Magic realism was not García Márquez’s invention. The Brazilian Machado de Assis, the Argentine Jorge Luis Borges and the Mexican Juan Rulfo came before him. García Márquez studied Rulfo’s masterpiece “Pedro Páramo” closely, and likened its impact on him to that of Kafka’s “Metamorphosis.” (In the novel’s ghost town of Comala it’s easy to see the birthplace of García Márquez’s Macondo.) But the magic-realist sensibility is not limited to Latin America. It crops up in all of the world’s literatures from time to time, and García Márquez was famously well read.
Dickens’s unending court case, Jarndyce v. Jarndyce in “Bleak House,” finds a relative in “One Hundred Years of Solitude” in the unending railway train that passes by Macondo for a week. Dickens and García Márquez are both masters of comic hyperbole. Dickens’s Circumlocution Office, a government department that exists to do nothing, inhabits the same fictional reality as all the indolent, corrupt, authoritarian governors and tyrants in García Márquez’s work.
Kafka’s Gregor Samsa, metamorphosed into a large insect, would not feel out of place in Macondo, where metamorphoses are treated as commonplace. Gogol’s Kovalyov, whose nose detaches itself from his face and wanders around St. Petersburg, would also feel at home. The French Surrealists and the American fabulists are also of this literary company, inspired by the idea of the fictionality of fiction, its made-up-ness, an idea that unshackles literature from the confines of the naturalistic and allows it to approach the truth by wilder, and perhaps more interesting, routes. García Márquez knew very well that he belonged to a far-flung literary family. William Kennedy quotes him saying, “In Mexico, surrealism runs through the streets.” And then: “The Latin American reality is totally Rabelaisian.”
But, to say it again: The flights of fancy need real ground beneath them. When I first read García Márquez I had never been to any Central or South American country. Yet in his pages I found a reality I knew well from my own experience in India and Pakistan. In both places there was and is a conflict between the city and the village, and there are similarly profound gulfs between rich and poor, powerful and powerless, the great and the small. Both are places with a strong colonial history, and in both places religion is of great importance and God is alive, and so, unfortunately, are the godly.
I knew García Márquez’s colonels and generals, or at least their Indian and Pakistani counterparts; his bishops were my mullahs; his market streets were my bazaars. His world was mine, translated into Spanish. It’s little wonder I fell in love with it — not for its magic (although, as a writer reared on the fabulous “wonder tales” of the East, that was appealing too) but for its realism. My world was more urban than his, however. It is the village sensibility that gives García Márquez’s realism its particular flavor, the village in which technology is frightening but a devout girl rising up to heaven is perfectly credible; in which, as in Indian villages, the miraculous is everywhere believed to coexist with the quotidian.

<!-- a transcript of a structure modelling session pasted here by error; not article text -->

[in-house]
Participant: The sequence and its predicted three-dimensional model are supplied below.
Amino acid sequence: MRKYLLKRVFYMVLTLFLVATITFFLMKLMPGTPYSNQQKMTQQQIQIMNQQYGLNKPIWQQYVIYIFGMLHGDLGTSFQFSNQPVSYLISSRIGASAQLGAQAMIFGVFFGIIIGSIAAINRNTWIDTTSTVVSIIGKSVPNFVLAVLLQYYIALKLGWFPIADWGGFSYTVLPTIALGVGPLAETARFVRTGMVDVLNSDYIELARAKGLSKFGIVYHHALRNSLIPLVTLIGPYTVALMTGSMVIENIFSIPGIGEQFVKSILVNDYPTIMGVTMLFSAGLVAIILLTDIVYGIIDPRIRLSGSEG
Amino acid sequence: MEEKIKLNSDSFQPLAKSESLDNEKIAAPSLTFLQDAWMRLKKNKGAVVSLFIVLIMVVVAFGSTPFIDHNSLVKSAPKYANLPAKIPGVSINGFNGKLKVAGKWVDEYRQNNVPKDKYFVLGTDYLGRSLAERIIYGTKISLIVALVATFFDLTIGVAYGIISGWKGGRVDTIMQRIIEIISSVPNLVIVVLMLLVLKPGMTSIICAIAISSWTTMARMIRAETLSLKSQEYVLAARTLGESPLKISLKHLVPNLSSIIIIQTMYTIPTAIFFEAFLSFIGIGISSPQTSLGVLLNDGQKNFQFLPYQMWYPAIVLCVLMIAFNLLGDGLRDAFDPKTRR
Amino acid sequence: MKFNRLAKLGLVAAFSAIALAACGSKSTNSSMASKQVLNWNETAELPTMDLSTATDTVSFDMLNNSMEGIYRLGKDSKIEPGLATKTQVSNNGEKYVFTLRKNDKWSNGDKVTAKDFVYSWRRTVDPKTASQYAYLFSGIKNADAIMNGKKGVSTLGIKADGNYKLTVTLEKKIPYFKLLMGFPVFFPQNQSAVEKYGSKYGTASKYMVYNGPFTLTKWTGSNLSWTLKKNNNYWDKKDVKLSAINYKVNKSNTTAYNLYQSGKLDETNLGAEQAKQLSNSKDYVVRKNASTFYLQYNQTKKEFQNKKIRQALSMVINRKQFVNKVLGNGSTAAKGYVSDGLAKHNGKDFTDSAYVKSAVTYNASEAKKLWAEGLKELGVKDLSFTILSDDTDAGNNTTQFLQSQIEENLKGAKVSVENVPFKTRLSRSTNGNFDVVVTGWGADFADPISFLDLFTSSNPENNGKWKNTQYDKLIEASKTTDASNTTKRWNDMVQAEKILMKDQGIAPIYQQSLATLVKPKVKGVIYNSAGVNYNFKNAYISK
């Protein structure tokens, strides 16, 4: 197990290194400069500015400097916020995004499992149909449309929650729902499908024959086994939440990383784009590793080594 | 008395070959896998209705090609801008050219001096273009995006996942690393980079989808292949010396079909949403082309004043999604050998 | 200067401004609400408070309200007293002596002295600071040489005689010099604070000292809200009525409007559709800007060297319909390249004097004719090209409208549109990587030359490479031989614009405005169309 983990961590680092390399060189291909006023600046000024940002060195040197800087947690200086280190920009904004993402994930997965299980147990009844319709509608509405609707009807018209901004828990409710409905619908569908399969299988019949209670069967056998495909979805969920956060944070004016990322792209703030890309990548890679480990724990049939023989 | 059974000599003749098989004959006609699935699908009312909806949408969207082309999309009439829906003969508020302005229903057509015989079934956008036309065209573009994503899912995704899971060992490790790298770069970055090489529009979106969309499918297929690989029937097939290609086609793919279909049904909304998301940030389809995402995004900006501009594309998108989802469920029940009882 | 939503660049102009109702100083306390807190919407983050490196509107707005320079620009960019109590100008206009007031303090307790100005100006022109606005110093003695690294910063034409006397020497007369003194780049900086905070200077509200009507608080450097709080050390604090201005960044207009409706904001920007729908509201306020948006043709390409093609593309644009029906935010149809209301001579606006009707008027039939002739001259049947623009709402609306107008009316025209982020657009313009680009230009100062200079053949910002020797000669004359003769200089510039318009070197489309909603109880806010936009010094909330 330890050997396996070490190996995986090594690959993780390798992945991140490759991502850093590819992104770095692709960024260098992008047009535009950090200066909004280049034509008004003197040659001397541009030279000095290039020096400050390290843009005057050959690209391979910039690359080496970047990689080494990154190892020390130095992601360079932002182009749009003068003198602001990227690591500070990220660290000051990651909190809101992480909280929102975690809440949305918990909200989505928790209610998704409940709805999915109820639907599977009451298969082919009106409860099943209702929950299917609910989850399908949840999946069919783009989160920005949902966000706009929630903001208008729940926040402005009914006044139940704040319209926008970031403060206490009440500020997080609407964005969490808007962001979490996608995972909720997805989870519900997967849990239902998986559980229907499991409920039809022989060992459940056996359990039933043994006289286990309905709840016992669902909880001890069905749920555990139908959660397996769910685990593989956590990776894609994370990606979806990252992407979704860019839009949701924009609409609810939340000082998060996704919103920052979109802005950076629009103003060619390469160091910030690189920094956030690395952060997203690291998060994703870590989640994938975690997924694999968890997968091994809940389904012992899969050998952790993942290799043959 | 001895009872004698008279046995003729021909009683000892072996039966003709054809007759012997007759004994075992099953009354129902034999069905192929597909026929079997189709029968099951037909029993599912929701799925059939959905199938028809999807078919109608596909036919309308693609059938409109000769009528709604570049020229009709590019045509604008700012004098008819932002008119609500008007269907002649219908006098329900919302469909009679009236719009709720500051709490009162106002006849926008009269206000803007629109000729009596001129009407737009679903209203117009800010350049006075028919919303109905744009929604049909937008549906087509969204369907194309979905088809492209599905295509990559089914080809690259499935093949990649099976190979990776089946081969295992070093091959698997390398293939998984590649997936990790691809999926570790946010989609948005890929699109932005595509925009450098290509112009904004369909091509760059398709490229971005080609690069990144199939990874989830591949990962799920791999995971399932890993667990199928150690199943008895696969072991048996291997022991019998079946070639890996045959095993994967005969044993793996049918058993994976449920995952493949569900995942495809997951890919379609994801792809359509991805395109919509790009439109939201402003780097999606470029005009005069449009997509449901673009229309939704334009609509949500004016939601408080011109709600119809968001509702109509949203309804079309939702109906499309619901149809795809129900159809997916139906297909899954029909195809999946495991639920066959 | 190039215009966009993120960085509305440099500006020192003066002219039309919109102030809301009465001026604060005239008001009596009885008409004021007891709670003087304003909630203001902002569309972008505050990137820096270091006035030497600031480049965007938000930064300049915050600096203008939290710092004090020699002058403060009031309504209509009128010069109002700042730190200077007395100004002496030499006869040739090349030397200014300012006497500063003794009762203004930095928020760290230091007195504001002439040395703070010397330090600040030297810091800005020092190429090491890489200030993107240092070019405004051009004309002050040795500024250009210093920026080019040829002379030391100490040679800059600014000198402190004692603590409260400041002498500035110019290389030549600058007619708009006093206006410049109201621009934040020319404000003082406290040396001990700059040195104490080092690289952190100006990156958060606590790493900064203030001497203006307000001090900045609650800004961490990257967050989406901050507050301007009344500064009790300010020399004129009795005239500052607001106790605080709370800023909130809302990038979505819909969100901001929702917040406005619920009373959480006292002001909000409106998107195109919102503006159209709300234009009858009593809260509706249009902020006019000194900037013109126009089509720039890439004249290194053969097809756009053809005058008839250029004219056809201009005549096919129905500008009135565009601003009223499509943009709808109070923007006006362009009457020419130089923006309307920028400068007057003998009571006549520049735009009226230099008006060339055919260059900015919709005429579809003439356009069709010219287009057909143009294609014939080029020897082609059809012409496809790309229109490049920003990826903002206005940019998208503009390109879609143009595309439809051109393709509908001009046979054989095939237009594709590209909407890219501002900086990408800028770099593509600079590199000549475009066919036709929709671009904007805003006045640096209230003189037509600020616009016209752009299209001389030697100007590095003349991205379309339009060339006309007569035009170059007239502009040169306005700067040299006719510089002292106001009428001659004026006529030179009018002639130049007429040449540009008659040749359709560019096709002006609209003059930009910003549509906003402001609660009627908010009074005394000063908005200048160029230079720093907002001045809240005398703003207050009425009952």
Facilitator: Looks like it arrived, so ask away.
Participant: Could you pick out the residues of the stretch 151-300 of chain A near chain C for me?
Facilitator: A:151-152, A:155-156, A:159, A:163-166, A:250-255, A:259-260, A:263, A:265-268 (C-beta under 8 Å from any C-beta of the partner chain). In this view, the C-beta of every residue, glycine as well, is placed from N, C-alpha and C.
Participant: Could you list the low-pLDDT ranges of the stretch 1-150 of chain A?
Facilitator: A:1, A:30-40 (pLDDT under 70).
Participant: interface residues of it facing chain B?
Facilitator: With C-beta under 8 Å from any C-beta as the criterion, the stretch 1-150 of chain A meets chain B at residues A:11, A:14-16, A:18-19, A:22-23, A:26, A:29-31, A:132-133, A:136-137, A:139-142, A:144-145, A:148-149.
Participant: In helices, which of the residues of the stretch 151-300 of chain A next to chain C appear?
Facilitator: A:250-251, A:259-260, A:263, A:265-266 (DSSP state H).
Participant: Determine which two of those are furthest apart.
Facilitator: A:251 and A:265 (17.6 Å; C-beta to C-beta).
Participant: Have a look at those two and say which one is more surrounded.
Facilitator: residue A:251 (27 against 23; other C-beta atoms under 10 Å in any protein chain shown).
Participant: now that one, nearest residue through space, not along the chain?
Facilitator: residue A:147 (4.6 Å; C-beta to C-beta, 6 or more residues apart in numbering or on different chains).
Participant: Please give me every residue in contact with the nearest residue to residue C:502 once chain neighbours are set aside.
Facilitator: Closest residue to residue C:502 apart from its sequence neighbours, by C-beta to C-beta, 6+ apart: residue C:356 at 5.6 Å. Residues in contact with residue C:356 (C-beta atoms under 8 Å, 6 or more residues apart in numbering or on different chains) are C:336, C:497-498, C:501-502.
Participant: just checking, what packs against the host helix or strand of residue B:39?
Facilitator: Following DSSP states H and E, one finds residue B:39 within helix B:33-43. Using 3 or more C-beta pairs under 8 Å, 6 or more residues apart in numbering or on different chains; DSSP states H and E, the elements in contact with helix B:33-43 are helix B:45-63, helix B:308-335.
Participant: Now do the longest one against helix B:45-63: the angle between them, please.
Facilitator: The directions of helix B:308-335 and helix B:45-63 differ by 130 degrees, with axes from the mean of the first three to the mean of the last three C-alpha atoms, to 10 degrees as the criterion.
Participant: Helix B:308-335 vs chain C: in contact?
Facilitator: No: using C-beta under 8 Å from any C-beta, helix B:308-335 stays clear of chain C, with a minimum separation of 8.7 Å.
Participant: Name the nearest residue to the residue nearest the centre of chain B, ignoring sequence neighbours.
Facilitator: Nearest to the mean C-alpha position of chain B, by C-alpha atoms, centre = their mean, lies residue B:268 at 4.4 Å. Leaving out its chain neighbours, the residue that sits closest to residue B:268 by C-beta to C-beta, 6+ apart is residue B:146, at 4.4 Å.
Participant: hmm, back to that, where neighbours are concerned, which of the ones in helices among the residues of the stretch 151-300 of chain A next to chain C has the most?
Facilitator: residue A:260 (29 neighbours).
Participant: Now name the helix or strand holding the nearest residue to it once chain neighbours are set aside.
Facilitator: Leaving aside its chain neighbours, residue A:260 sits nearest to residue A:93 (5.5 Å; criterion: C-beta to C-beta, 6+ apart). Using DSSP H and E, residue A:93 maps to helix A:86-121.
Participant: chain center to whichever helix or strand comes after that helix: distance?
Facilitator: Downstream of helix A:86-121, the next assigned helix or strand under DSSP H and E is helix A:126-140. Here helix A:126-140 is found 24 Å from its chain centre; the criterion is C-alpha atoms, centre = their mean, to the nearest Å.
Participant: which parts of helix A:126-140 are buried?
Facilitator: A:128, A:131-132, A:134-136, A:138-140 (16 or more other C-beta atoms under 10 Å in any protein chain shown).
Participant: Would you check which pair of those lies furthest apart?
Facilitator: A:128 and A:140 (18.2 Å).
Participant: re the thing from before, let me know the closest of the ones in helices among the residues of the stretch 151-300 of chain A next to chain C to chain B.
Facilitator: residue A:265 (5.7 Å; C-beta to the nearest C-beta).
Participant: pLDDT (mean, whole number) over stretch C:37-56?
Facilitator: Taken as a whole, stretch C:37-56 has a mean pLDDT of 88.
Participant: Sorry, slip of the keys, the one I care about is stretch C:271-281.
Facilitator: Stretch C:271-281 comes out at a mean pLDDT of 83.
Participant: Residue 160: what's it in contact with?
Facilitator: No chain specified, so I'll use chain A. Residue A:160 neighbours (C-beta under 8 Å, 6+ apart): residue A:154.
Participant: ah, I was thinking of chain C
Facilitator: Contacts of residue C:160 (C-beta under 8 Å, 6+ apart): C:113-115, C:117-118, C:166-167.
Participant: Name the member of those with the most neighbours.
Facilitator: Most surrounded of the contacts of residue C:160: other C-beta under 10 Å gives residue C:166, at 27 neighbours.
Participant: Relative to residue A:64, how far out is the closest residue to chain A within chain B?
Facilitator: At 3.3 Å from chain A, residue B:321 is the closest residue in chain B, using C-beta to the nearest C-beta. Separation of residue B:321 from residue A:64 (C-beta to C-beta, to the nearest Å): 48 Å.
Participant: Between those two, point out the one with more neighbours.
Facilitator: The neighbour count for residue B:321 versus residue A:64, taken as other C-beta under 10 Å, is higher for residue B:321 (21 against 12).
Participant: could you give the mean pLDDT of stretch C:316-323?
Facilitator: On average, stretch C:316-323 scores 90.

He was a journalist who never lost sight of the facts. He was a dreamer who believed in the truth of dreams. He was also a writer capable of moments of delirious, and often comic, beauty. At the beginning of “Love in the Time of Cholera”: “The scent of bitter almonds always reminded him of the fate of unrequited love.” At the heart of “The Autumn of the Patriarch,” after the dictator sells the Caribbean to the Americans, the American ambassador’s nautical engineers “carried it off in numbered pieces to plant it far from the hurricanes in the blood-red dawns of Arizona, they took it away with everything it had inside general sir, with the reflection of our cities, our timid drowned people, our demented dragons.” The first railway train arrives in Macondo and a woman goes mad with fear. “It’s coming,” she cries. “Something frightful, like a kitchen dragging a village behind it.” And of course, unforgettably:
“Colonel Aureliano Buendía organized 32 armed uprisings and he lost them all. He had 17 male children by 17 different women and they were exterminated one after the other on a single night before the oldest one had reached the age of 35. He survived 14 attempts on his life, 73 ambushes and a firing squad. He lived through a dose of strychnine in his coffee that was enough to kill a horse.”
For such magnificence, our only possible reaction is gratitude. He was the greatest of us all.
Salman Rushdie is the author of 11 novels and, most recently, the autobiographical memoir “Joseph Anton.”